Could the integration and development of teachers' pastoral role into the childcare framework provide a key to rebalancing child protection work so as to prioritise Section 17 and Part III of the Children Act 1989?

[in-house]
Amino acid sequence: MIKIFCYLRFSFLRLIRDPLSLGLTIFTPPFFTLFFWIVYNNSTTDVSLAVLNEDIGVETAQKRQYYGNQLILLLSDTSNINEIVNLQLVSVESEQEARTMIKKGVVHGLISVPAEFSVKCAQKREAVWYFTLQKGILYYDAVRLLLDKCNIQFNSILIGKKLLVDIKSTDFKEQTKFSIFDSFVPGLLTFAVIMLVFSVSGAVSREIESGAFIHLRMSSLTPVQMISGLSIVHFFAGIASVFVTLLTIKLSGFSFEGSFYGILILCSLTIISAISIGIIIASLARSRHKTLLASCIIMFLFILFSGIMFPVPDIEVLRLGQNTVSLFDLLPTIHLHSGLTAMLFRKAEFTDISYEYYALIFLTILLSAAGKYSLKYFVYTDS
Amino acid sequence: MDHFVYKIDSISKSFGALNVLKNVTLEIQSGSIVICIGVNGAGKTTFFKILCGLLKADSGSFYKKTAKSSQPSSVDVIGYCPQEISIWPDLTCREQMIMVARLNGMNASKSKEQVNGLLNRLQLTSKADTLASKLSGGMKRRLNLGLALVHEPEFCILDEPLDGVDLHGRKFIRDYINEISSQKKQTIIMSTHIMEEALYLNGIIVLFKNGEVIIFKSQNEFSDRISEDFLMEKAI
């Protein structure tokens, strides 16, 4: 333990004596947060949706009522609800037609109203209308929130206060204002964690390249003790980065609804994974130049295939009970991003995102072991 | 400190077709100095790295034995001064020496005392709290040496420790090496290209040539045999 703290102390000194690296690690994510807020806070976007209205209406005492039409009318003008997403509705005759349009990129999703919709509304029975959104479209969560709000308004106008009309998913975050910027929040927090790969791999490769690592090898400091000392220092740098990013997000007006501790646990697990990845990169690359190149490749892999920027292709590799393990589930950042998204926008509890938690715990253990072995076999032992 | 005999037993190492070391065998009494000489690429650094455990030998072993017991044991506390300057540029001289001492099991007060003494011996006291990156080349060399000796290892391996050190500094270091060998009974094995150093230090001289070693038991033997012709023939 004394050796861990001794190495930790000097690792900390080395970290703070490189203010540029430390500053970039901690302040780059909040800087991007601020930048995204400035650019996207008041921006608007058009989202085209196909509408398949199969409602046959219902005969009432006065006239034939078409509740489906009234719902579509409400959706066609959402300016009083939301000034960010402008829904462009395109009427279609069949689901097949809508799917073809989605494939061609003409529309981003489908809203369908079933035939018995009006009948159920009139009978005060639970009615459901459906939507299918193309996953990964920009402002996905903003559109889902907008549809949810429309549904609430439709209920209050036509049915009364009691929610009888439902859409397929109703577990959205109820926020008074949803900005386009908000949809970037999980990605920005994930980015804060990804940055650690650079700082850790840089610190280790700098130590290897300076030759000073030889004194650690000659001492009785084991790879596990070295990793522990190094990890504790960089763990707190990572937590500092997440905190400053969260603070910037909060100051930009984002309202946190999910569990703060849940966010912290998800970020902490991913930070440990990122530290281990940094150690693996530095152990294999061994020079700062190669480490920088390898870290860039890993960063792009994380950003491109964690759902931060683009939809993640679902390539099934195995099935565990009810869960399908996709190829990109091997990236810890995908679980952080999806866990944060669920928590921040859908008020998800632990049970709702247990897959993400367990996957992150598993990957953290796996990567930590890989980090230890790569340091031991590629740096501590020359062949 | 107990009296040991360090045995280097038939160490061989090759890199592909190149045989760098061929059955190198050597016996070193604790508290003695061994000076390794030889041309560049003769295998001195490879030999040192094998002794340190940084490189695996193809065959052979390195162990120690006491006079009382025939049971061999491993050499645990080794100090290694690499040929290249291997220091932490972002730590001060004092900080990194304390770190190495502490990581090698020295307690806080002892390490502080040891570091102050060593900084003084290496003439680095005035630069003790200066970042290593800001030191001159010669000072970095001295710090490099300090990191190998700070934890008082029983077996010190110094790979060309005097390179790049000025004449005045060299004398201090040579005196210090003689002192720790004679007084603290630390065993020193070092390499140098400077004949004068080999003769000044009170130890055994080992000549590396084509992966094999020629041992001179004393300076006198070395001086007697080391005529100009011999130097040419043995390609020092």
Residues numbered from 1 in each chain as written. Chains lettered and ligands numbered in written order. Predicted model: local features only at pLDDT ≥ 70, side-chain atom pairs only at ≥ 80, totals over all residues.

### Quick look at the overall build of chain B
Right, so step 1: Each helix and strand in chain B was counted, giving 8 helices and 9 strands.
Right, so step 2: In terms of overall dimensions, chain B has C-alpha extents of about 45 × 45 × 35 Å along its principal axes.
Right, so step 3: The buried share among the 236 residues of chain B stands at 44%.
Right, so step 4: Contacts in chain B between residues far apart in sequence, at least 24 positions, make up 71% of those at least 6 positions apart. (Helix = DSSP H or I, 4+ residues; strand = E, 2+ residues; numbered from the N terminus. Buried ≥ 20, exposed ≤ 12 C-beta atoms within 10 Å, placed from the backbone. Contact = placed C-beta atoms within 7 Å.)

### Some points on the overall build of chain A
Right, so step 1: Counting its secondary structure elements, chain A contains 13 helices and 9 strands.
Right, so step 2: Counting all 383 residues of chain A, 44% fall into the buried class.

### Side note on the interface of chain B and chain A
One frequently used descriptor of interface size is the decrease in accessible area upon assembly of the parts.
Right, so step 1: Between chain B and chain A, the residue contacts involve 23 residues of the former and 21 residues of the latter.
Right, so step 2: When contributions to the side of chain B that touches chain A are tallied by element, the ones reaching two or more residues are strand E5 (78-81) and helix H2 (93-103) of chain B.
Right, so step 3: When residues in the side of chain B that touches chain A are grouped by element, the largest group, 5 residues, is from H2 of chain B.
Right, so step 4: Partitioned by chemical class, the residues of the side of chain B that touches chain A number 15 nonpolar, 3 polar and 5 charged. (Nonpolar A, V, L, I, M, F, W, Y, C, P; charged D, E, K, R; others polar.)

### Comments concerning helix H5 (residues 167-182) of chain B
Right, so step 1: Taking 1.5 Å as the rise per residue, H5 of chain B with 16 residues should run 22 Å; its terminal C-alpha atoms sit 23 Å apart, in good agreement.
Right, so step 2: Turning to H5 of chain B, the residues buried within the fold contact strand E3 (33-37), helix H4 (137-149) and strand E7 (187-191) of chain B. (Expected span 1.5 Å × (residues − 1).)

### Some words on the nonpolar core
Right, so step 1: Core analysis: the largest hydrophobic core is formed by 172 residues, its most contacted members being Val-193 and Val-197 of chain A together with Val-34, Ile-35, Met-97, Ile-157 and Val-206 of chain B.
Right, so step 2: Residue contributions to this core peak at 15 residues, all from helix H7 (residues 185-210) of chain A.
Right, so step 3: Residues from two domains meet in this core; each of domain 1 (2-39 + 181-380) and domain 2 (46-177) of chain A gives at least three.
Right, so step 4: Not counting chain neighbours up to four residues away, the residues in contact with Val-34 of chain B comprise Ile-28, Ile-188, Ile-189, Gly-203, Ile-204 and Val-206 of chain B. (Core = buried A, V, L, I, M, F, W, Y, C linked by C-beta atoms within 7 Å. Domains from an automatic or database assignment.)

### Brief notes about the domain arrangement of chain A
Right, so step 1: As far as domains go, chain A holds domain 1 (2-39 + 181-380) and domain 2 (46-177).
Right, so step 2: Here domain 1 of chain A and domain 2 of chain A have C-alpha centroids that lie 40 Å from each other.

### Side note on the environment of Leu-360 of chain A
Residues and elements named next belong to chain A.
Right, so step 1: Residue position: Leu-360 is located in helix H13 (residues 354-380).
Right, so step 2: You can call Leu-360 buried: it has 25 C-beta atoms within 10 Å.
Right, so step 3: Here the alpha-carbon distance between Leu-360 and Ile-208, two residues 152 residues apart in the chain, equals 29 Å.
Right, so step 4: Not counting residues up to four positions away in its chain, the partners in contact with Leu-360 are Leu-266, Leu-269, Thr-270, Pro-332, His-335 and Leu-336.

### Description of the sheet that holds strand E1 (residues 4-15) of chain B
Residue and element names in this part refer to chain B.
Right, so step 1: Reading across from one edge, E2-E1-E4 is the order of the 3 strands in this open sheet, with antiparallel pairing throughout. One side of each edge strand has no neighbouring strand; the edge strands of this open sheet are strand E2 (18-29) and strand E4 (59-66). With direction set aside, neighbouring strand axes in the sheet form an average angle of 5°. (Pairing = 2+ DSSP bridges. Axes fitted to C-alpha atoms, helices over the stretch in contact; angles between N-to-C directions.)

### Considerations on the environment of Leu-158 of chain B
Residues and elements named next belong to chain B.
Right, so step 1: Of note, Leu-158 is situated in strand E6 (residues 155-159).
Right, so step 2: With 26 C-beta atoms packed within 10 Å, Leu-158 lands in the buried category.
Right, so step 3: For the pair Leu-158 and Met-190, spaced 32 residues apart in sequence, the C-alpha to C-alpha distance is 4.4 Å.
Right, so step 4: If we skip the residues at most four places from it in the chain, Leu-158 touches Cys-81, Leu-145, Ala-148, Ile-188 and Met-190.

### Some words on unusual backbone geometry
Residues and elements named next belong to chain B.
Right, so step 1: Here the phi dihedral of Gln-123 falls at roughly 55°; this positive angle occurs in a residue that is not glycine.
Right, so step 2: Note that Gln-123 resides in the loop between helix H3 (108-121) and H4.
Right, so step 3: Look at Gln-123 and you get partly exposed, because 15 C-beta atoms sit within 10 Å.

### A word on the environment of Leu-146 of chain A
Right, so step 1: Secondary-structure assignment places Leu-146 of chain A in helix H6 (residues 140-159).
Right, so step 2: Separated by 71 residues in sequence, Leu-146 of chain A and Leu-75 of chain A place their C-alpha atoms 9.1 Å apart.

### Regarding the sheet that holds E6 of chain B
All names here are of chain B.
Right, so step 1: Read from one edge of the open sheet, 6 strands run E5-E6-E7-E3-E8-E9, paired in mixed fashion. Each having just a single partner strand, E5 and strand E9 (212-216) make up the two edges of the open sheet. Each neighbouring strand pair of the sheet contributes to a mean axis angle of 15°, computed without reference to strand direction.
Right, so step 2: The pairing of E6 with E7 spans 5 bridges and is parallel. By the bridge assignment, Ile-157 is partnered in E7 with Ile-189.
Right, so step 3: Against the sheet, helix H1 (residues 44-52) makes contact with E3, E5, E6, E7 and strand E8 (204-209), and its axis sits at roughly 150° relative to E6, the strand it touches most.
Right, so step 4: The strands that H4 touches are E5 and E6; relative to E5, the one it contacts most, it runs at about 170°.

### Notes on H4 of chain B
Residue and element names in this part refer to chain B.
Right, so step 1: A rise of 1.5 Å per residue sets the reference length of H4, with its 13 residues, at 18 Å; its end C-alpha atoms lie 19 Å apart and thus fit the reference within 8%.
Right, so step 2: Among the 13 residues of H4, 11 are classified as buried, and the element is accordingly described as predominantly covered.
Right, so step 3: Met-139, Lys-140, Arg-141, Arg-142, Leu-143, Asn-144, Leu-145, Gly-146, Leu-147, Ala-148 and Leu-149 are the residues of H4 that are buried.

The hypothesis underpinning this research study suggests that the integration of schools into the childcare framework could provide a key to re-balancing child protection work so as to prioritise the Children Act's family support provisions. It is the researcher's contention that an essential element in this re-balancing process would be the development of a more effective early detection system. In this respect, it is proposed that the educational establishment could fulfil this role given its unique position to gather information and to liaise with other agencies at a community level. Whilst this position has been recognised to a limited extent, the education service could be utilised to a far greater extent to reinforce the philosophy of the 'Framework for the Assessment of Children in Need and their Families' and as such Part III of the Children Act. A brief summary of the implications and considerations to arise from an analysis of the research data is as follows: Information concerning children in need is available within schools, though the utilisation of this information varied considerably between schools. Liaison can successfully take place between schools and other agencies at a community level. Greater clarification is required in terms of the scope a Child Protection Liaison Teacher's duties/responsibilities in order to address the variation in practice indicated by the sample. Consequently, formalisation in terms of guidance documentation, training and/or the personnel undertaking the role of CPLT is required. Greater support and training of teaching staff in general is also required if schools are to be integrated into the childcare framework. Whilst schools could undertake the early detection role proposed by the hypothesis a great deal will nevertheless depend upon how that information is subsequently utilised, i.e. in order to identify children in need or to pursue the current practice of risk assessment.